"Our strength lies in our long association over decades with the villagers of these coastal communities where the Pada Yatra passes through. So to be effective, we have to leverage our human resources—especially local knowledge and volunteer labour—to maximize the impact at ground level."
Living Heritage volunteers from Sri Lanka, UK, Canada, and America come with backgrounds in such fields as building construction, office administration, and social work. Foreign volunteers serve for as little as one month or as long as one year, bringing their own financial resources with which to undertake small projects. Most Sri Lankan volunteers are Kataragama devotees who have also walked in the Pada Yatra.
Most foreign volunteers, however, offer to work on the Anathi Project, which assists dozens of children's homes throughout Batticaloa and Ampara districts. The homes, established mainly due to the ethnic conflict, have had to absorb newly orphaned children since the tsunami. Even before the tsunami, living conditions in the homes were far from ideal, with many children suffering from malnutrition.
Foreign volunteers spend much of their time making friends with the children, and lavishing much needed attention upon them. Some teach English, sports, or basic computer skills. All try to address the health, nutrition and sanitation needs of the homes. Those with requisite skills go from one home to another, building, repairing and maintaining facilities.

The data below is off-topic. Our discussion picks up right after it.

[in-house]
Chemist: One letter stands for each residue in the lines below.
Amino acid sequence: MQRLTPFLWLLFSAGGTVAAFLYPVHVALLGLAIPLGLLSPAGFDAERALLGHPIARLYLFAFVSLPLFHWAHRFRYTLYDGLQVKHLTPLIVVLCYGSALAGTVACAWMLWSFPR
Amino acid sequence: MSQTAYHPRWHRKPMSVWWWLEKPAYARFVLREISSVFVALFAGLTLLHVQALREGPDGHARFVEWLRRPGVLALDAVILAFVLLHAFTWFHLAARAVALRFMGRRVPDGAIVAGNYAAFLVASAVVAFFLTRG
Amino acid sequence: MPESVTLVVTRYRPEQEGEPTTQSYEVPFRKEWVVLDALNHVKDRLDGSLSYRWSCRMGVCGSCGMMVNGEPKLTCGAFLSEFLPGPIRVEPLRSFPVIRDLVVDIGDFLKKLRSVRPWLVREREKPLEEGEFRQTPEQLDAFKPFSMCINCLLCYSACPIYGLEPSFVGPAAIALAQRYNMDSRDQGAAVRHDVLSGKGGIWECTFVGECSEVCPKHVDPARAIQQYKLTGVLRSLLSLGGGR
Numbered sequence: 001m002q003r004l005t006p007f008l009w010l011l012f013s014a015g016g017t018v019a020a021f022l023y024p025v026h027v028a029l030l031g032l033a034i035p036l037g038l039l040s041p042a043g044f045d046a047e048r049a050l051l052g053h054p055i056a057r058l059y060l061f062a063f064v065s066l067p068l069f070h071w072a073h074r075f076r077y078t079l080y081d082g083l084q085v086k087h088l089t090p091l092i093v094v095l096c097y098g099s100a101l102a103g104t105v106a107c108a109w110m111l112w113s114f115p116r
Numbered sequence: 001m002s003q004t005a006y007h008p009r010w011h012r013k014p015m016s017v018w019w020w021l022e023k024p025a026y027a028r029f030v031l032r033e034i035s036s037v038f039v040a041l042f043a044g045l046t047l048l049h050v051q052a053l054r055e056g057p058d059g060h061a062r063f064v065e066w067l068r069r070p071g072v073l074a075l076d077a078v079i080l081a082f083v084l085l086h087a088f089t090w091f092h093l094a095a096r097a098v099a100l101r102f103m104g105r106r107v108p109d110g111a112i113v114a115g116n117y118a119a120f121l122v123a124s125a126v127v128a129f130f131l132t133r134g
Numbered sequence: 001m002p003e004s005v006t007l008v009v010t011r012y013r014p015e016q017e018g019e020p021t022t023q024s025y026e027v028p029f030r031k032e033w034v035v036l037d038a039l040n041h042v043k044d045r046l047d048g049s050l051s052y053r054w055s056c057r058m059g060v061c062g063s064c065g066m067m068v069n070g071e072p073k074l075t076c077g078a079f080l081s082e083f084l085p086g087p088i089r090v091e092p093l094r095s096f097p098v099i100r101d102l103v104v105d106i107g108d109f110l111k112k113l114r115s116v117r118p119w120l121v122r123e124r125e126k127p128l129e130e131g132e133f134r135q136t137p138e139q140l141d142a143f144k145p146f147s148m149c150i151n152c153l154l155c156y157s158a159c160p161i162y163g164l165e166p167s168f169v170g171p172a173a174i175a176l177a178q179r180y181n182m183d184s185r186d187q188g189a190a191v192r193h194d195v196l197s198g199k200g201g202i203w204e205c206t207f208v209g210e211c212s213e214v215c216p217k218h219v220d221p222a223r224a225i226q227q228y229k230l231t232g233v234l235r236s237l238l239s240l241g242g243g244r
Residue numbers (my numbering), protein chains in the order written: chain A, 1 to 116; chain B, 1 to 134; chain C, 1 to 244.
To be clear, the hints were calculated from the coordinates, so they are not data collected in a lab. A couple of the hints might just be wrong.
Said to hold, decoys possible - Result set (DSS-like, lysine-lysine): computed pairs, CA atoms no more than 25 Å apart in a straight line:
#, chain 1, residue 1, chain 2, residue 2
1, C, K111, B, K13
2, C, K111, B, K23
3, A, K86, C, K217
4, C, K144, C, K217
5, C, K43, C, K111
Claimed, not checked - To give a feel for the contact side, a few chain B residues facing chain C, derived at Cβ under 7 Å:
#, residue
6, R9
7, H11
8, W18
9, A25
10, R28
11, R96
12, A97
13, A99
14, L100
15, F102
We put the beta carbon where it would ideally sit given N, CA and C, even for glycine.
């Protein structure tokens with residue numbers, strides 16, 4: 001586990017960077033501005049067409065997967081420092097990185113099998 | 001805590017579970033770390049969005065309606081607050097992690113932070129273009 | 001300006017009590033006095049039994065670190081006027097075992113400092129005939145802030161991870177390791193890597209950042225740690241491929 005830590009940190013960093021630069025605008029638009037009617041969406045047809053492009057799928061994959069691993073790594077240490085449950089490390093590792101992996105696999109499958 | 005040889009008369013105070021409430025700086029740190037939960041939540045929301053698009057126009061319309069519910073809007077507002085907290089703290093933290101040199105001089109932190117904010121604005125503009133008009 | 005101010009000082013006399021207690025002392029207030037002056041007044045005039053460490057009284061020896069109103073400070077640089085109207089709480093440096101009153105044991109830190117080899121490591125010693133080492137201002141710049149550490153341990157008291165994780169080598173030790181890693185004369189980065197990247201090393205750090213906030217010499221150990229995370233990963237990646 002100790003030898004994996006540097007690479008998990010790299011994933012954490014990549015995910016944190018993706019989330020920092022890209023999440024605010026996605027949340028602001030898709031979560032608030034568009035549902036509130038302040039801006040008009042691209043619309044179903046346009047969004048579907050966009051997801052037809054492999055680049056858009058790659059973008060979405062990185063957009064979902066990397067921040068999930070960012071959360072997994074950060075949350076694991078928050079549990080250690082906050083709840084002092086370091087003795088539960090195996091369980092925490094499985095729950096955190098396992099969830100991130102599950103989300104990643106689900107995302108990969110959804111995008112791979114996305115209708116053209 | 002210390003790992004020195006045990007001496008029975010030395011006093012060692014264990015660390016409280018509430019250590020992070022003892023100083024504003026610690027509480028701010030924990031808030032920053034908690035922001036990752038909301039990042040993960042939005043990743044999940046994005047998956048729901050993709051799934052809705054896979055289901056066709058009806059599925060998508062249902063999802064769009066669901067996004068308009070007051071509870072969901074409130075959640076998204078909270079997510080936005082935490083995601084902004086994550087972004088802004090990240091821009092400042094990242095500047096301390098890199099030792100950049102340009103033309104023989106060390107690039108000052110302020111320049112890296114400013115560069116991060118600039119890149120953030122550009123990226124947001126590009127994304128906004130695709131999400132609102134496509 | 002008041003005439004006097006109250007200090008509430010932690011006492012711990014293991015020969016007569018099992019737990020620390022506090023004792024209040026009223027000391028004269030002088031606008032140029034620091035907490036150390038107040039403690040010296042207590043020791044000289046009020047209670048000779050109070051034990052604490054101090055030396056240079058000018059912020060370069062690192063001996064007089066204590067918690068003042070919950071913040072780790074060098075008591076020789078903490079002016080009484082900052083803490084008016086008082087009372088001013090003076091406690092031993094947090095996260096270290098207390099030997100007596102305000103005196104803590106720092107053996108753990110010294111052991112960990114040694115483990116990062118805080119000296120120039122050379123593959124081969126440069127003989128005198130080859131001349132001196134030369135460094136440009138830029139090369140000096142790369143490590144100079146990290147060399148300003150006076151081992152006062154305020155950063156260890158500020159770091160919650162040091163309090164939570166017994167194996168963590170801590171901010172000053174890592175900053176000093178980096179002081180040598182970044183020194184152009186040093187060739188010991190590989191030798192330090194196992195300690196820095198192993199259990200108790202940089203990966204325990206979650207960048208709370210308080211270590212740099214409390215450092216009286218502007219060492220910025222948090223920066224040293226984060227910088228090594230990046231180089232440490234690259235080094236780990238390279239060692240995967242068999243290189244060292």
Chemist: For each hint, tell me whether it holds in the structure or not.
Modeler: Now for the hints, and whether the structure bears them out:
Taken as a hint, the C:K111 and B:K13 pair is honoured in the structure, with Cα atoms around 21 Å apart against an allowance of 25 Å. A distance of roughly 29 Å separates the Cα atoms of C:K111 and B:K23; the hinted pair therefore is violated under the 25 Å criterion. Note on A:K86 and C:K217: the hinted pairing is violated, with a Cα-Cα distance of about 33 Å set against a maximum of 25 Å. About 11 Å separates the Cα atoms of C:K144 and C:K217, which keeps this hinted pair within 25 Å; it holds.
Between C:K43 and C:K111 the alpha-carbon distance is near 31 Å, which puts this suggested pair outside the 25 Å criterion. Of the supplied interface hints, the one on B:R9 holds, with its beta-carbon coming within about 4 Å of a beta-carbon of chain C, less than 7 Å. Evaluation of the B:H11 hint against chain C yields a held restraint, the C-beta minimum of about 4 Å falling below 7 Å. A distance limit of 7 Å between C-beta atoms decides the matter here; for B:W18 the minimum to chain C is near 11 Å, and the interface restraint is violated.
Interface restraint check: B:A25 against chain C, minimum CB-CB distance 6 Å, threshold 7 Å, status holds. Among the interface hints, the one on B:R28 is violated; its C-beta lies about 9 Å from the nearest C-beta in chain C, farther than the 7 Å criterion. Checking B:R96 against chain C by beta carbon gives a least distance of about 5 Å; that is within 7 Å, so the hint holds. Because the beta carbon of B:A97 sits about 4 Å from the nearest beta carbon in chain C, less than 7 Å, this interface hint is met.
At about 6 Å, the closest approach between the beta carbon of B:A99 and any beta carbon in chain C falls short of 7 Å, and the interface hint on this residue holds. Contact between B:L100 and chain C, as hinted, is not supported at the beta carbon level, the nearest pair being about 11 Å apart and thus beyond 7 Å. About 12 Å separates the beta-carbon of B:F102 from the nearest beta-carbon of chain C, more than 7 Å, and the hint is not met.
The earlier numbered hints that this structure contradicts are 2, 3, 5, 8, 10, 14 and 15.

Living Heritage Trust volunteers distributed paper, water colours, and crayons to the teachers of schools in tsunami effected regions, and asked them to have the children to draw their memories of the tsunami. The result is a series pictures ranging from the very simple to the complex, but all are highly emotive and powerful in their depictions of the power of the wave, in contrast to mankind's, and the children's own, vulnerability.
This simple, therapeutic exercise, designed to let children to purge themselves of traumatic memories of tsunami, has been resonating across the art world in Europe and America. The BBC recently reported that London's Tate Britain and the National Museums and Galleries of Wales are interested in showing the collection of children's drawings.
Other children's paintings were sent to the United States and are currently on exhibit at the Picasso Mio gallery in Madrid (www.picassomio.com) until 27 July. Money raised will be divided between the child artists, their schools, needy children's homes, and the Living Heritage Trust, which is also planning to exhibit the art in Colombo as well.
The age-old tradition of Pada Yatra fell into abeyance with the 1983 civil disturbances but was revived in 1988 under Kataragama Devotees Trust patronage. The number of pilgrims has grown steadily ever since. Last year Wildlife Department officials counted over 30,000 pilgrims walking the last 100-kilometre stretch through the Yala East National Park.
"We have been privileged to keep the lamp burning through all these long dark years," says Sandrasagra, adding "Now we are holding it up for all to see."